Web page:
While on my red-eye flight to Washington, D.C. this past week (I always slap myself for taking those late night flights), so many thoughts were passing through my mind. Many consisted of how I would ninja myself into a fancy VIP event at the White House, but also about the conference I was heading there to attend.
Eat, Write, Retreat promised to be a weekend full of hands-on workshops, expert panels, and, of course, food, lots and lots of food! This was Eat, Write, Retreat‘s inaugural conference, my first as well, so I was excited to see how it would all play out.
(note: All pictures courtesy of Kimmy Bingham, unless otherwise noted on image)
When I entered the Friday night meet and greet, I set out to prove that I was not a twitter recluse (aka chatty online/wallflower in person…Can boys be wallflowers? Anyway…). Turning on the charm, smile, and occasional wink, I was poised and ready to meet my fellow Eat, Write, Retreat-ers.
There is always this slight set of nerves that kick in before meeting someone off the internet in-person. You always wonder…’What if they turn out to be an axe-murderer?” or ‘What if they were lying online and actually turn out to be an interior design blogger?‘ You know, those kinds of things. Luckily, this conference turned out to be axe-murderer and design blogger free! I think. Jokes aside, I was genuinely amazed by how many great individuals I got to know over the three days that would follow.
Here are some key things that I took away from this weekend:
- Never stop learning: I know that sounds infinitely cheesy, but after spending two hours in a writing workshop with Monica Bhide, I was inspired. She had a captivating presence, and I was fully receptive to the entire presentation. Taking a snippet from her workshop’s ‘homework’, whether it’s a new word every day, or a new story every week, being open to new experiences makes for a better writer.
- Nothing happens over night: During a great panel session with Domenica Marchetti, Jennifer Perillo, Shauna James Ahern, and Jael McHenry I learned that if you do what you love, then the reward will come to you. The second you start to think things like: ‘I want more readers now!‘ or ‘I deserve a cookbook deal!‘ you’re compromising the quality behind your work. To steal a line from one of my favourite books, Shoeless Joe, ‘If you build it, they will come.’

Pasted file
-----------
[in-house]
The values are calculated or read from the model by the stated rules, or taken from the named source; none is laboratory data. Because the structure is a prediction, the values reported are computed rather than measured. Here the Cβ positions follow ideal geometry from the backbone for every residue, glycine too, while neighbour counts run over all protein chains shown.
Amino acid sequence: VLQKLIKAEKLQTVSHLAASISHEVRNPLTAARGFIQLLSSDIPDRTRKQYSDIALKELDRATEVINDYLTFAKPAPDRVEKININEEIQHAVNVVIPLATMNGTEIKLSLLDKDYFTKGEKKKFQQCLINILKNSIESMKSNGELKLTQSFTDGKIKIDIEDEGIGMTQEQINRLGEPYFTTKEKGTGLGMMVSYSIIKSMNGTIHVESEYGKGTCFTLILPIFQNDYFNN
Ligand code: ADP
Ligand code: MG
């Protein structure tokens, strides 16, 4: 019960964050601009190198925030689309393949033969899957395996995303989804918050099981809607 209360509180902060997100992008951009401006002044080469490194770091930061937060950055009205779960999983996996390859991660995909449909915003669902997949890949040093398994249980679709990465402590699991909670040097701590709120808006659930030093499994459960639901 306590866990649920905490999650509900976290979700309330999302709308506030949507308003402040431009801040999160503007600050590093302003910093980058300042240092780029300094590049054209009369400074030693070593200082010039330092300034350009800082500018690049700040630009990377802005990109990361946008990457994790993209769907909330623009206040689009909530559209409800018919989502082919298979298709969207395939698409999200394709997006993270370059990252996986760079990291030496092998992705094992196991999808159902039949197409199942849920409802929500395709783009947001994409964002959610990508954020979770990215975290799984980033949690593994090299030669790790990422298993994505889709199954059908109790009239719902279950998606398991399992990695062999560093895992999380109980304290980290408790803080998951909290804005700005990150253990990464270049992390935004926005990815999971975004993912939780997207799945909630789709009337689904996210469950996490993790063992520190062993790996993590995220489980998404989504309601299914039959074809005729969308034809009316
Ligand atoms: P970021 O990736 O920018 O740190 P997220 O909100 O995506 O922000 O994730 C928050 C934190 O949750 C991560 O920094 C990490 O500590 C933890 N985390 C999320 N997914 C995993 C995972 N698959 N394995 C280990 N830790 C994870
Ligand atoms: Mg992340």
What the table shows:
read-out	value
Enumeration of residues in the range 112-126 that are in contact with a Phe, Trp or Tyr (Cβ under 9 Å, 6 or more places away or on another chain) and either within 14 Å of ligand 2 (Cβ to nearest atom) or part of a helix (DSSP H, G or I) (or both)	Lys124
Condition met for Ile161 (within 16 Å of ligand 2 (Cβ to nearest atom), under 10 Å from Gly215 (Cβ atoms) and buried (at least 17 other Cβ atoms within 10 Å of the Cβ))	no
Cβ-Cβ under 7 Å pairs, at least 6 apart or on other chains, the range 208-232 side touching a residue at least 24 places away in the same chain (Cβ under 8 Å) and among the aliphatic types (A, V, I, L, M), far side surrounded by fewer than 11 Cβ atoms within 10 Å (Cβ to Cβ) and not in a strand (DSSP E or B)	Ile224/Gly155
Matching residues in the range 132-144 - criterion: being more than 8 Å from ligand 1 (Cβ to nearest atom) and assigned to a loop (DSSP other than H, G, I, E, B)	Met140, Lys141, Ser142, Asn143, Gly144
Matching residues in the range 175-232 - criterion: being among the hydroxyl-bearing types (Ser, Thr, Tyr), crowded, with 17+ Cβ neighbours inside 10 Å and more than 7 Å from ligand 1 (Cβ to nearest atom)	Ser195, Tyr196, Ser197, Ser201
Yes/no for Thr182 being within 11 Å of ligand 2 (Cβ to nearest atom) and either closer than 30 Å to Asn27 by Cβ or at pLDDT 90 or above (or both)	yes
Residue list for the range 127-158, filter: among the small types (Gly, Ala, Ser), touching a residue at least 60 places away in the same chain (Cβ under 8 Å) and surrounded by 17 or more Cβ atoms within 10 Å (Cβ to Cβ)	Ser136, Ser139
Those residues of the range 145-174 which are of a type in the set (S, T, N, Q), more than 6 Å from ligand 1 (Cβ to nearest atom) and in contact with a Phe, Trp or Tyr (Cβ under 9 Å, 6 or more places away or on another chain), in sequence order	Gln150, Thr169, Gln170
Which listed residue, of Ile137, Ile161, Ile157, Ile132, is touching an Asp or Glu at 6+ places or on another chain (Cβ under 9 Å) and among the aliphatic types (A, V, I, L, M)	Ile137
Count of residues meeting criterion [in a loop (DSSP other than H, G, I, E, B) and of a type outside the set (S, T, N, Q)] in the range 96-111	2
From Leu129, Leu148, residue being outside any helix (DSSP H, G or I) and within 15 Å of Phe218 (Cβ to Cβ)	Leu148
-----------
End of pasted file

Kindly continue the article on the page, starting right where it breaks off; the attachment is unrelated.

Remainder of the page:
- Everyone has a story: I found that meeting countless individuals, so passionate about their writing, regardless of the focus, created a vested interest for myself in each one of them. It’s one thing to follow someone on Twitter, chat online, and read their blog posts, but when you’re standing in front of someone and hearing why they do what they do, write what they write, it really resonates. Not that online relationships are purely superficial, but there is something to be said about a real face-to-face conversation. Now, I can read these blogs through the person’s point of view, not the other way around. I kind of rambled there…does that make sense?
There is so much more I could talk about this weekend. Eating freshly steamed crabs at the D.C. fish market with fellow Canadians Ethan and Isabelle with our bare hands, having lunch with author Jael McHenry, touring the Washington monuments with D.C. local Maisha, or even cooking like show-offs with Mike and Kimmy during our CulinAerie culinary session.
I truly treasured each moment of this experience.
Lastly, I’d like to thank Casey Benedict and Robyn Webb for creating, and making, Eat, Write, Retreat such an amazing experience. Also to Canadian Beef for giving me (and the other four lucky Canadians, whole gang pictured below!) the opportunity to attend this conference. It was a weekend I will not soon forget!
23 Comments to “A Food Blog Conference By Any Other Name Would Not Be As Eat, Write, Retreat”
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